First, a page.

Electronics are very common in all walks of life, but when their production process is limited and they use very few ingredients, they usually produce a lot of waste. The need to develop electronics for energy-efficient manufacturing processes or renewable energy is being addressed by a team of disciplined researchers.
Aspects of the project’s education and human resource development are led by Meg Blancard, associate researcher and professor of science education at NC State College of Education.
Blanchard is part of a team of NC state researchers granting a $ 3 million future manufacturing research grant from the National Science Foundation to further research into electronics and eco-manufacturing processes to address this waste.
The support supports further research on reusable soft electronics ecosystems, such as wearable devices. This is selected by studying the integration of selected biodegradable and recyclable materials and the use of sustainable manufacturing processes guided by economic and environmental life assessments.
The work of the group is divided into five areas: material development, eco-manufacturing, biodegradation / recycling, environmental and economic life assessment and education and human resource development.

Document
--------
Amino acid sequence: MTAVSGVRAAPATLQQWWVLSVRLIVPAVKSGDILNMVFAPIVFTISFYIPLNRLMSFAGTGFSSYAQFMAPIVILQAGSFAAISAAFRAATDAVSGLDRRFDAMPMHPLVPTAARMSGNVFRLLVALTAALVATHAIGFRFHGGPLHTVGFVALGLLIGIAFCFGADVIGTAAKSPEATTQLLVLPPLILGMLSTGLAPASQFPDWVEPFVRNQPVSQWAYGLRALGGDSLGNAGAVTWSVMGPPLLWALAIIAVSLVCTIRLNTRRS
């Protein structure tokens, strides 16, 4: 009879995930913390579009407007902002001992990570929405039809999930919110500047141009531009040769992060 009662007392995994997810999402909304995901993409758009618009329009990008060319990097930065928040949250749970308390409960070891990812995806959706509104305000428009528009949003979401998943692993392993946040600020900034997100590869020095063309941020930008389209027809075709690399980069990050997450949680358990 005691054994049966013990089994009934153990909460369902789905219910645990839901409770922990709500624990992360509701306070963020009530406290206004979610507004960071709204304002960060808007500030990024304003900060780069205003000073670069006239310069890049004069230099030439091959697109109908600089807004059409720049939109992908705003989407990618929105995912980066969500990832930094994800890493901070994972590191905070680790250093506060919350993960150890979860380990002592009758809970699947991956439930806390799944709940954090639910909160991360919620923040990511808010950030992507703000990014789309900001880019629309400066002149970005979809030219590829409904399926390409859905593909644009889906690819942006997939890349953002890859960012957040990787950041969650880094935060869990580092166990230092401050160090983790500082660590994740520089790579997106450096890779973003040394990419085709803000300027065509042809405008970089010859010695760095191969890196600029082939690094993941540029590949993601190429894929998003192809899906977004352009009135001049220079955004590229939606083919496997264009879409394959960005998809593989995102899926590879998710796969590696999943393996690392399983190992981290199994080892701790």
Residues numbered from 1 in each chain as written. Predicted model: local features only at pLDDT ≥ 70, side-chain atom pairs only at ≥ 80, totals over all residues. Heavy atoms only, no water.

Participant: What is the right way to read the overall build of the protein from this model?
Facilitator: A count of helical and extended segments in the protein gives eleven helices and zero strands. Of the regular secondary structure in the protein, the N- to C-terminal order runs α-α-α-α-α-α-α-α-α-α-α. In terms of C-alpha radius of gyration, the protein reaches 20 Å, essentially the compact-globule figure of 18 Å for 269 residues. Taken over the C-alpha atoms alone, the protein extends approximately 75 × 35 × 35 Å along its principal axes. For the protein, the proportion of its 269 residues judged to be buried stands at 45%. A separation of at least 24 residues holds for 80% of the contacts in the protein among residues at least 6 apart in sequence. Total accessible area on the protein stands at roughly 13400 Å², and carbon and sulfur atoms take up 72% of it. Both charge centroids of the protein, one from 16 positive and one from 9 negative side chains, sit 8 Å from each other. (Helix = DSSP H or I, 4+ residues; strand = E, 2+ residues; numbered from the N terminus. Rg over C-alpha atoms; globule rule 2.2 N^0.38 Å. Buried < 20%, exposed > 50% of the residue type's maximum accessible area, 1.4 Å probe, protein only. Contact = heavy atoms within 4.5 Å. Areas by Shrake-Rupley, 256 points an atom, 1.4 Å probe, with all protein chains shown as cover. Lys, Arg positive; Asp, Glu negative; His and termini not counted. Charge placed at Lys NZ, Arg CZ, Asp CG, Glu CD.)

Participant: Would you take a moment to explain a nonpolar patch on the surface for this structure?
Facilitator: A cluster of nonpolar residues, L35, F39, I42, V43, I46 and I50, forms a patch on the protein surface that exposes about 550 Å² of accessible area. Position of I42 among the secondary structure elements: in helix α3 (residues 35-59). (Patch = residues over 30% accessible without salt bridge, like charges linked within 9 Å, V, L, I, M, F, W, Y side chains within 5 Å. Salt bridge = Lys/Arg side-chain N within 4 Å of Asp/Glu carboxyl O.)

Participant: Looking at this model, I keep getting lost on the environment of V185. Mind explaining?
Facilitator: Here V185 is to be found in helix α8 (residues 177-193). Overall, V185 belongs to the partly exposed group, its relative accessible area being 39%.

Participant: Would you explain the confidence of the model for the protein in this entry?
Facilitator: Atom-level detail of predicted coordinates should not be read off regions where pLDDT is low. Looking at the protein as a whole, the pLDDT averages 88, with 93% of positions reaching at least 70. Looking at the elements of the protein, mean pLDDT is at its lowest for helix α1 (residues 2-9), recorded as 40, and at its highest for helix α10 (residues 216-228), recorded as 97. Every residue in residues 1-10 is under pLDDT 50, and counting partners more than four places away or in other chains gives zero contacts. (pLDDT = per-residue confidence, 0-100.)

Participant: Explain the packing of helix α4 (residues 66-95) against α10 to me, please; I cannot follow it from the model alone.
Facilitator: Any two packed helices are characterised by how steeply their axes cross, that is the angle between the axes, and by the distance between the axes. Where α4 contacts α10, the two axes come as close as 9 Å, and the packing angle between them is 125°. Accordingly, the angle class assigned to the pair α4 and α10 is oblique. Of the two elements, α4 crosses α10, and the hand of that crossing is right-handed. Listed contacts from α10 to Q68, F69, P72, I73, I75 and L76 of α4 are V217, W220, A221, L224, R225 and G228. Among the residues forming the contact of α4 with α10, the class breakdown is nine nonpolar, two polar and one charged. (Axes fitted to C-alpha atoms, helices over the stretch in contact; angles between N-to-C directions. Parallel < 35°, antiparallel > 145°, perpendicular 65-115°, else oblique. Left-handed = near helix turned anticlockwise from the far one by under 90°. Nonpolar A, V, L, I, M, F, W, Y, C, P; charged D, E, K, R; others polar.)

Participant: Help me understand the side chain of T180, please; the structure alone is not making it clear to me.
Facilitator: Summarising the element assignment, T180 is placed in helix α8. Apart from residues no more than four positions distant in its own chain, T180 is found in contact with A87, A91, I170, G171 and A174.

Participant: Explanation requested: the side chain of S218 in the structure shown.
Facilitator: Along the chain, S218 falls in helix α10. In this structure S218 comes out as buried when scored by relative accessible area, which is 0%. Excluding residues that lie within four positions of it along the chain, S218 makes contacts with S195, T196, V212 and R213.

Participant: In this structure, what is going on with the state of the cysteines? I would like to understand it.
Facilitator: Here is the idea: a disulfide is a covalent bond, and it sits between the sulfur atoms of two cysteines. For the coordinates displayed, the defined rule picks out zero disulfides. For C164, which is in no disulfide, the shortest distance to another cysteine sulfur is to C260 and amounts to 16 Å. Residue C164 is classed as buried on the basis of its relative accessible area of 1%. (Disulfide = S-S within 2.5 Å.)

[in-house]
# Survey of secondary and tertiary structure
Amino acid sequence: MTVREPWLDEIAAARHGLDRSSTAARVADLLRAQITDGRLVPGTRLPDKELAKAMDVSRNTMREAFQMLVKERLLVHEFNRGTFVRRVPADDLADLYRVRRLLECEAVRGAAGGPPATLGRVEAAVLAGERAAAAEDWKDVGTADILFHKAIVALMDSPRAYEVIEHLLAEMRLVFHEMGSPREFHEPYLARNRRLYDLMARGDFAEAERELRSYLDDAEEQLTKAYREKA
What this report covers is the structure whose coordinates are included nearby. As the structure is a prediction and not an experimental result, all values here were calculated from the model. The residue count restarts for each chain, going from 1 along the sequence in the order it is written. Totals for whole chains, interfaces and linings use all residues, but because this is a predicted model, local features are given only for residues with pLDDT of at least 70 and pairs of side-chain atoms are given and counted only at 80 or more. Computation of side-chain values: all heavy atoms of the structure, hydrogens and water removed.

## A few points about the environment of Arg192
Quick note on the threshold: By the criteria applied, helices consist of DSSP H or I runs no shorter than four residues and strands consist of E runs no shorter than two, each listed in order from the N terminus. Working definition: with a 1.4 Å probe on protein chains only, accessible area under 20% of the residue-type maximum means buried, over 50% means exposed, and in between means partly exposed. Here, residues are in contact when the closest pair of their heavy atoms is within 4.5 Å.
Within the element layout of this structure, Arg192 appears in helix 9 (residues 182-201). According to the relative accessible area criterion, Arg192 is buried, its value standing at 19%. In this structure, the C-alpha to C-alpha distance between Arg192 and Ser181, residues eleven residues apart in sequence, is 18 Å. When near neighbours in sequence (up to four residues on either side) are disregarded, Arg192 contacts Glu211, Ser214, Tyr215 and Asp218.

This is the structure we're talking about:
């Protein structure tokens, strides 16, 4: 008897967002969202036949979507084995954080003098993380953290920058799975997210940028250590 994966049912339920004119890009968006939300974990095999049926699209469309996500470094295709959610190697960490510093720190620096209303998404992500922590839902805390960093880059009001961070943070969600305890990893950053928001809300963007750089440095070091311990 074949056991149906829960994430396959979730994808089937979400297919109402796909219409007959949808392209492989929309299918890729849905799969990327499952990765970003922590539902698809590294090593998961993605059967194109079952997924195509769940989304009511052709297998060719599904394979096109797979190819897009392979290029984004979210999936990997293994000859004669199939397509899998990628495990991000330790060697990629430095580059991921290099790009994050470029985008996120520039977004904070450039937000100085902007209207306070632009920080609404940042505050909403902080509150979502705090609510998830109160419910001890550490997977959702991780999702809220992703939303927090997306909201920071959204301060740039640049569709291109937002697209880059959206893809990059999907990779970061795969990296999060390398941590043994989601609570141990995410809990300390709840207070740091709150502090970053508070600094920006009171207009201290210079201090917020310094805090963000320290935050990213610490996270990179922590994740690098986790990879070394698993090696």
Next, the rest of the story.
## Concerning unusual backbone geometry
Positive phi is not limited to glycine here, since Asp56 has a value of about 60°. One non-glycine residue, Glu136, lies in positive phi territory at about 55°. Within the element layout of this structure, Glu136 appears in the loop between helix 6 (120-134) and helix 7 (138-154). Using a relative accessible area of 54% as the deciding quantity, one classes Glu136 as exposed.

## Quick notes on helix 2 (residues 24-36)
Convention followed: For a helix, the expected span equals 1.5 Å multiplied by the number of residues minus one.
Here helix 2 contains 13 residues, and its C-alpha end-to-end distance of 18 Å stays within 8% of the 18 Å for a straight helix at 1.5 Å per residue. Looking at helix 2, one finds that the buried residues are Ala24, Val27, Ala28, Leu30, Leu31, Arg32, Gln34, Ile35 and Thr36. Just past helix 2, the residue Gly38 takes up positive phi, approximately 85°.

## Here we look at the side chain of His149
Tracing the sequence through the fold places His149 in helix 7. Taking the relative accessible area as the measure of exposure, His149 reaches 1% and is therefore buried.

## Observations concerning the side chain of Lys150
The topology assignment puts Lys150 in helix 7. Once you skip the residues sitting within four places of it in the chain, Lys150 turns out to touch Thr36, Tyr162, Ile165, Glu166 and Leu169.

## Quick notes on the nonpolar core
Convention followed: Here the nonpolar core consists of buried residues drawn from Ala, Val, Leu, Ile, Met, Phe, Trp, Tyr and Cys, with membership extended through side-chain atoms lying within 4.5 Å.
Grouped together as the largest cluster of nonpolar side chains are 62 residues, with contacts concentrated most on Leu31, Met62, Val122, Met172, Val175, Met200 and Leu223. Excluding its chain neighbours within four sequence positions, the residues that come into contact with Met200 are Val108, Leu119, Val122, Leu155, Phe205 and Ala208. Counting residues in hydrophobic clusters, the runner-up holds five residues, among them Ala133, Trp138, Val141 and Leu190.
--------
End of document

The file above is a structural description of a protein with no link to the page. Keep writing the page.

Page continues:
Blanchard’s role in the project focuses on curriculum development. She aims to shift the focus of her research to high school science teachers and bring professional relationships to high-level laboratories, classes, and free online courses that reach out to the wider community.
“Solutions to these pressing issues require talent and a diverse workforce. Through this project, high school, undergraduate, postgraduate and postgraduate institutions are expected to train and train diverse students in eco-manufacturing and related sustainability careers, ”Blanchard said.
“When I speak [Principal Investigator and College of Engineering Professor Youg] Many people have asked me about his role in helping him, telling him that he is’ doing the most important part – education and manpower development! I was impressed by how this project reflects the important work being done by the chief investigators and the mission and thinking mission of the NC State.
Blanchard College, in collaboration with Ellis-Sig professor Richard Wendy, said it was working to develop hand laboratories based on the team’s comprehensive manufacturing research and related to next-generation science standards.
Fifteen high school teachers will complete online career development courses during the school year to gain relevant content knowledge in the third year of the project. That summer, Blanchard and Vendett instructors will conduct additional professional development sessions to learn how to recycle soft electronics ecology and incorporate labs, content and professional relationships into their current science courses.
In addition to the laboratory experience, teachers will also be provided with resources to support and engage high school students. Meaningful learning experiences will help students develop professionalism, appreciation and potential in the soft electronics manufacturing industry, Blanchard said.